If you like any of the previous works by Ned Boulting and are hoping that Boulting's Velosaurus provides more of the same, then be warned: it's quite unlike any other cycling book, and will have a different appeal to any of Boulting's previous works.
The idea is that hundreds of words are given an alternative (or nonsensical) definition – with everything related to the world of cycling, primarily road racing. A reasonable knowledge of the French language is not essential, but it will help you to recognise many of the words that have been defined; a good knowledge of the sport is definitely required, though, if you want to appreciate all the nuances and humour to be found in the definitions.
I found some of the definitions to be very clever and truly funny – and others not so much. As with all humour, what appeals to one person may not appeal to another, so your experience may be different. For me, there are more hits than misses.
Here are a few examples of the more concise definitions to give you a flavour of what to expect: a Disciple is 'A rider who follows every technology fad, like disc brakes and disc wheels'; a Gramophone is 'A rider who talks incessantly about weight'; Ivoire is 'Illicitly gathered and illegally traded technology'; an Otage is 'A single rider from one team in a small breakaway containing numerous riders all from another'; a Piaf is 'A rider who regrets nothing'; a Walkyrie is 'A Tour de France helicopter pilot'.
Here is a slightly longer example: Gaucherie is 'Racing in the United Kingdom, Australia, or any other country that insists on driving on the wrong side of the road'. Many of the definitions are longer, often spreading over more than one page with a very thorough description.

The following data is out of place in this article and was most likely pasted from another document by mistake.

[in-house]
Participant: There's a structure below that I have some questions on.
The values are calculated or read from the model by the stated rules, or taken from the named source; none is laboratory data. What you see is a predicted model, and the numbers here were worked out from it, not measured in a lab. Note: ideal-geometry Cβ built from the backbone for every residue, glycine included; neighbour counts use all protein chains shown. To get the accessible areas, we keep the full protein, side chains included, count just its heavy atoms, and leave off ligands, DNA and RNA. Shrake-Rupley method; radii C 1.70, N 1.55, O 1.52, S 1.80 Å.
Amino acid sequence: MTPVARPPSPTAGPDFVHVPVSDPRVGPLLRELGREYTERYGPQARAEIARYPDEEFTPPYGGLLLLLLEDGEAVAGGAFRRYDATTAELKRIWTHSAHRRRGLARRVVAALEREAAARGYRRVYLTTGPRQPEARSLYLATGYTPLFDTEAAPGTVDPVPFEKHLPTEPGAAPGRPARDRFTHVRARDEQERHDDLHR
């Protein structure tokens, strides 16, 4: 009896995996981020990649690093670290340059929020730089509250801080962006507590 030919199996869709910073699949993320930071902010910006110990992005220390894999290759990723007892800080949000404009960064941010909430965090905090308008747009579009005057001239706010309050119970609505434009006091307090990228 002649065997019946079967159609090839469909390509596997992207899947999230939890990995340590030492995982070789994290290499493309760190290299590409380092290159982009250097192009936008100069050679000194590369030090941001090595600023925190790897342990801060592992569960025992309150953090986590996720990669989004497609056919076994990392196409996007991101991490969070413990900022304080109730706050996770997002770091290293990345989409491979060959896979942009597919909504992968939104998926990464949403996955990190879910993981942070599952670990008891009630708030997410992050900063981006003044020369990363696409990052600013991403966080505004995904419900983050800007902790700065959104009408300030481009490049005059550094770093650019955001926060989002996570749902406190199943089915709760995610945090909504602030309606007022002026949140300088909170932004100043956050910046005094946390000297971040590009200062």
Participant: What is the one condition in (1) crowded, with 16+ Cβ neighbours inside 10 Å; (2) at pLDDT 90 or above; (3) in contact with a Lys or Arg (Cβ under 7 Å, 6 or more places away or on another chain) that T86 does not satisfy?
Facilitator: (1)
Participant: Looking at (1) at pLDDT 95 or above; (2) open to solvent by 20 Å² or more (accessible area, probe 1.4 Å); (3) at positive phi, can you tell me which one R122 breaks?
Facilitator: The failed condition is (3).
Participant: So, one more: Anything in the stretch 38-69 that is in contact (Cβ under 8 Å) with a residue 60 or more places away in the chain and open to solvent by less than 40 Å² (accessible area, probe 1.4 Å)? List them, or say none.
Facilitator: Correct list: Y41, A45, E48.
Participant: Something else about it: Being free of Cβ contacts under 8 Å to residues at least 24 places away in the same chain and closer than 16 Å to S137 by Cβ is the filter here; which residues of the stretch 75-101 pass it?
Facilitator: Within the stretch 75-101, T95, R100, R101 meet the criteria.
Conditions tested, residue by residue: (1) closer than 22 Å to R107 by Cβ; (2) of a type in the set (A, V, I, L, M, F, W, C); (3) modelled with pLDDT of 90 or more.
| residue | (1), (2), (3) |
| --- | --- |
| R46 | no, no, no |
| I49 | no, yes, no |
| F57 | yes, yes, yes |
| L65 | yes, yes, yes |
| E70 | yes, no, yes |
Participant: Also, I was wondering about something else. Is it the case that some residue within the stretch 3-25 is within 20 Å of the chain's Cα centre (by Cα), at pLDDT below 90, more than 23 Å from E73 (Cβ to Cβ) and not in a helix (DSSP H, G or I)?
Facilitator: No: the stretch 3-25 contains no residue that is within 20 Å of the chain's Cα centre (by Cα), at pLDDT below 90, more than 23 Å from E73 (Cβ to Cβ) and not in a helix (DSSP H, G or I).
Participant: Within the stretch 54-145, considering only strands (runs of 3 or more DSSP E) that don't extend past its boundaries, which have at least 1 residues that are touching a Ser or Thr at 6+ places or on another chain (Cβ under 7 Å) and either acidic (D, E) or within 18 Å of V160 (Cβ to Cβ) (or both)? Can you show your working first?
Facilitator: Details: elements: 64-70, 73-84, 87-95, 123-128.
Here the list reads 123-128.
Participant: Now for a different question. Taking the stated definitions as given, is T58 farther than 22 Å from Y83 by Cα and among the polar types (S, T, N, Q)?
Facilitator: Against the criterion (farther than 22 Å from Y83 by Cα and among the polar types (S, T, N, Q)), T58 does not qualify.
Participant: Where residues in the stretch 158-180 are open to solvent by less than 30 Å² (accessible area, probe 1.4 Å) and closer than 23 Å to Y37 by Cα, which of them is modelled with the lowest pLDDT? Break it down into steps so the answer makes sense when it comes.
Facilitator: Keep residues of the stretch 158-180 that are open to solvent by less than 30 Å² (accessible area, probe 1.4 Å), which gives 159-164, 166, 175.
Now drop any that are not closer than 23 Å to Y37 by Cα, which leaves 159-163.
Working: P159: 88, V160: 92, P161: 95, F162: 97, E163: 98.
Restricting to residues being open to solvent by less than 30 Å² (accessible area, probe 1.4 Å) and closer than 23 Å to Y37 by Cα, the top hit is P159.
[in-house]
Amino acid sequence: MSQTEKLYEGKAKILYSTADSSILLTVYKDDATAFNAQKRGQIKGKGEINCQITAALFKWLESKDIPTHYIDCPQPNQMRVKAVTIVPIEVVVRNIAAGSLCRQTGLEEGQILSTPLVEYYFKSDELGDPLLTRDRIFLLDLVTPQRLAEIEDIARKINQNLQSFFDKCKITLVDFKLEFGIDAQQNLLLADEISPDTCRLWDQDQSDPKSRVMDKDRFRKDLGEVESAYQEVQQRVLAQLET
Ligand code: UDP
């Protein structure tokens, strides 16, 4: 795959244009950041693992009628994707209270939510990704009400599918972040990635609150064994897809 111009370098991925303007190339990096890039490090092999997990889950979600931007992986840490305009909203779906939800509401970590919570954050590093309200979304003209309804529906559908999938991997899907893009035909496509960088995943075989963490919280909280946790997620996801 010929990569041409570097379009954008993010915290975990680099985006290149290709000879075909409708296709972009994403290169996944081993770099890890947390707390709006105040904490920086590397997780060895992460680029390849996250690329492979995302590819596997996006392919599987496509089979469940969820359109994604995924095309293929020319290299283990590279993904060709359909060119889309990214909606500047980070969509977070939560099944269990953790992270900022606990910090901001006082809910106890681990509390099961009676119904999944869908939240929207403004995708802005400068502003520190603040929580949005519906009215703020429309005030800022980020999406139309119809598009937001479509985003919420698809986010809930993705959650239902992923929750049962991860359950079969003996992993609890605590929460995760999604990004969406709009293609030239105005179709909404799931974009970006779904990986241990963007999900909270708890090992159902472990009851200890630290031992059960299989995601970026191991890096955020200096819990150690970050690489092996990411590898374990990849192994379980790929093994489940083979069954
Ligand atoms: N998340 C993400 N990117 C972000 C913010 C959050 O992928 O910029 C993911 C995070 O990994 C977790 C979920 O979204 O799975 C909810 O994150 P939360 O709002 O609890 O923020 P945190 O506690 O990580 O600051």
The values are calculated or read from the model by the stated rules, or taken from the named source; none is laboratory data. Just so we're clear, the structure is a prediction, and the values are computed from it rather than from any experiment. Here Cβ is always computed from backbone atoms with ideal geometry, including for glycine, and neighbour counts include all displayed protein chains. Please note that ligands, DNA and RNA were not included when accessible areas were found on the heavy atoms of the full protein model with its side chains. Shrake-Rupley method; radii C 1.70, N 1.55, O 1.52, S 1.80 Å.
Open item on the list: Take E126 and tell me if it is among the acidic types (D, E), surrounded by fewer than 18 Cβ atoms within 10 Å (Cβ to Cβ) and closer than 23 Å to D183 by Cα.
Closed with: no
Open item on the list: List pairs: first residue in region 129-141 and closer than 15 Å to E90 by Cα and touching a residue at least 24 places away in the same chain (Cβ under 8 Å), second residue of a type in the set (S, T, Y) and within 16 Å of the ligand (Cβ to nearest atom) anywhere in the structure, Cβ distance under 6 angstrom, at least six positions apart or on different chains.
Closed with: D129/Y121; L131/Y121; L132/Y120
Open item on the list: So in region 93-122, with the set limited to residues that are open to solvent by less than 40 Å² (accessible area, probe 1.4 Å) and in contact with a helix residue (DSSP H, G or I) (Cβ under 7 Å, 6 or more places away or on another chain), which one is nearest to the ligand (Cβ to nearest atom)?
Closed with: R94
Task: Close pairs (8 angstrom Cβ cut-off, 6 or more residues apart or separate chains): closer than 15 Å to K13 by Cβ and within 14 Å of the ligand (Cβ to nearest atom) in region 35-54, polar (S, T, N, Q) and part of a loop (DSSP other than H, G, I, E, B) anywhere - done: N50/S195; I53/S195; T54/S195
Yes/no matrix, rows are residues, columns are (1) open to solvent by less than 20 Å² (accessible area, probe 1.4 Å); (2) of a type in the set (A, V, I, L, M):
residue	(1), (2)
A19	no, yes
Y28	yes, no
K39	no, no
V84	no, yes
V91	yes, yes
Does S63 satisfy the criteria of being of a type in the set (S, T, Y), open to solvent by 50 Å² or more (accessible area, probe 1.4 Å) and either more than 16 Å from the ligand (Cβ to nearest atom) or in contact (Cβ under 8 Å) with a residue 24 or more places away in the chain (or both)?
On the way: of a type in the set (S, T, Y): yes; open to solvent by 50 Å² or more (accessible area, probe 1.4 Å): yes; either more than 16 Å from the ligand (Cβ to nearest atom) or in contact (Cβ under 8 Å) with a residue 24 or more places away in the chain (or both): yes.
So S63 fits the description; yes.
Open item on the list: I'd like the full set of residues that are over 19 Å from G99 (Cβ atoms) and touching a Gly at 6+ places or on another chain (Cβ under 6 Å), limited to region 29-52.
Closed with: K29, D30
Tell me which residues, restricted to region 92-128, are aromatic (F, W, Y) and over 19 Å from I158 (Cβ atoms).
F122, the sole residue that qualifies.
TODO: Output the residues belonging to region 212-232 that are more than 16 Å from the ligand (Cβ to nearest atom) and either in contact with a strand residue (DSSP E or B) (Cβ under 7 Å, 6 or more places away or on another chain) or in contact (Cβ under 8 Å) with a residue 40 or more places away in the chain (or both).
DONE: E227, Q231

Boulting is not afraid to reference one of his more famous moments, defining Maillot as 'A jumper. Everyone knows that'.
It may look like there is a mention of le Tour on the front cover, with a claim that it is a 'linguistic Tour de France'; however, it a reference to the fact that much of the book is a tour of the French language, although of course the resulting definitions are as applicable to le Tour as any other race.
For any readers of Viz magazine, this book has some similarities to the experience of reading Roger's Profanisaurus – albeit a lot less offensive...
The book is designed to entertain, not educate, so don't take it too seriously or too literally – and accept you will find some parts funnier than others.
Perhaps you have your own definitions to suggest?
Unlike any other book by Ned Boulting, but if you share his sense of humour you'll enjoy it
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road.cc test report
Make and model: Boulting's Velosaurus by Ned Boulting
Size tested: Hardback
Tell us what the product is for, and who it's aimed at. What do the manufacturers say about it? How does that compare to your own feelings about it?
From the publisher: "The language of cycling is vibrant, sophisticated, often impenetrable and extremely French. Find yourself confused, nodding along when a rouleur relates how le biscuit was effrité (crumbled)? How today they're feeling Angers (past caring)? Fear no more, for Boulting's Velosaurus will illuminate, enlighten and, frankly, mislead.
"In his Velosaurus, ITV Tour de France commentator and cycling writer Ned Boulting provides the ultimate lexicon of nonsense terminology surrounding the esteemed Tour de France. Featuring essential vocabulary like Alpe (an Alp), panache (riding with doomed flamboyance, conscious of the need to renew one's contract), moutarde (any race that ends, begins or passes through the city of Dijon) and maillot (a jumper, obviously), Boulting's Velosaurus is the ideal companion to all things peloton for linguistically-challenged fans of non-automotive two-wheeled sport."
Tell us some more about the technical aspects of the product?
Title: Boulting's Velosaurus
Author: Ned Boulting
Publisher: Yellow Jersey Press
Did you enjoy using the product? Yes
Would you consider buying the product? Yes
Would you recommend the product to a friend? If I knew enough about their sense of humour...
Use this box to explain your score
It's a good book, though it won't appeal to everyone.
About the tester
I usually ride: My best bike is:
I've been riding for: Over 20 years I ride: Every day I would class myself as: Expert
I regularly do the following types of riding: commuting, touring, club rides, sportives, general fitness riding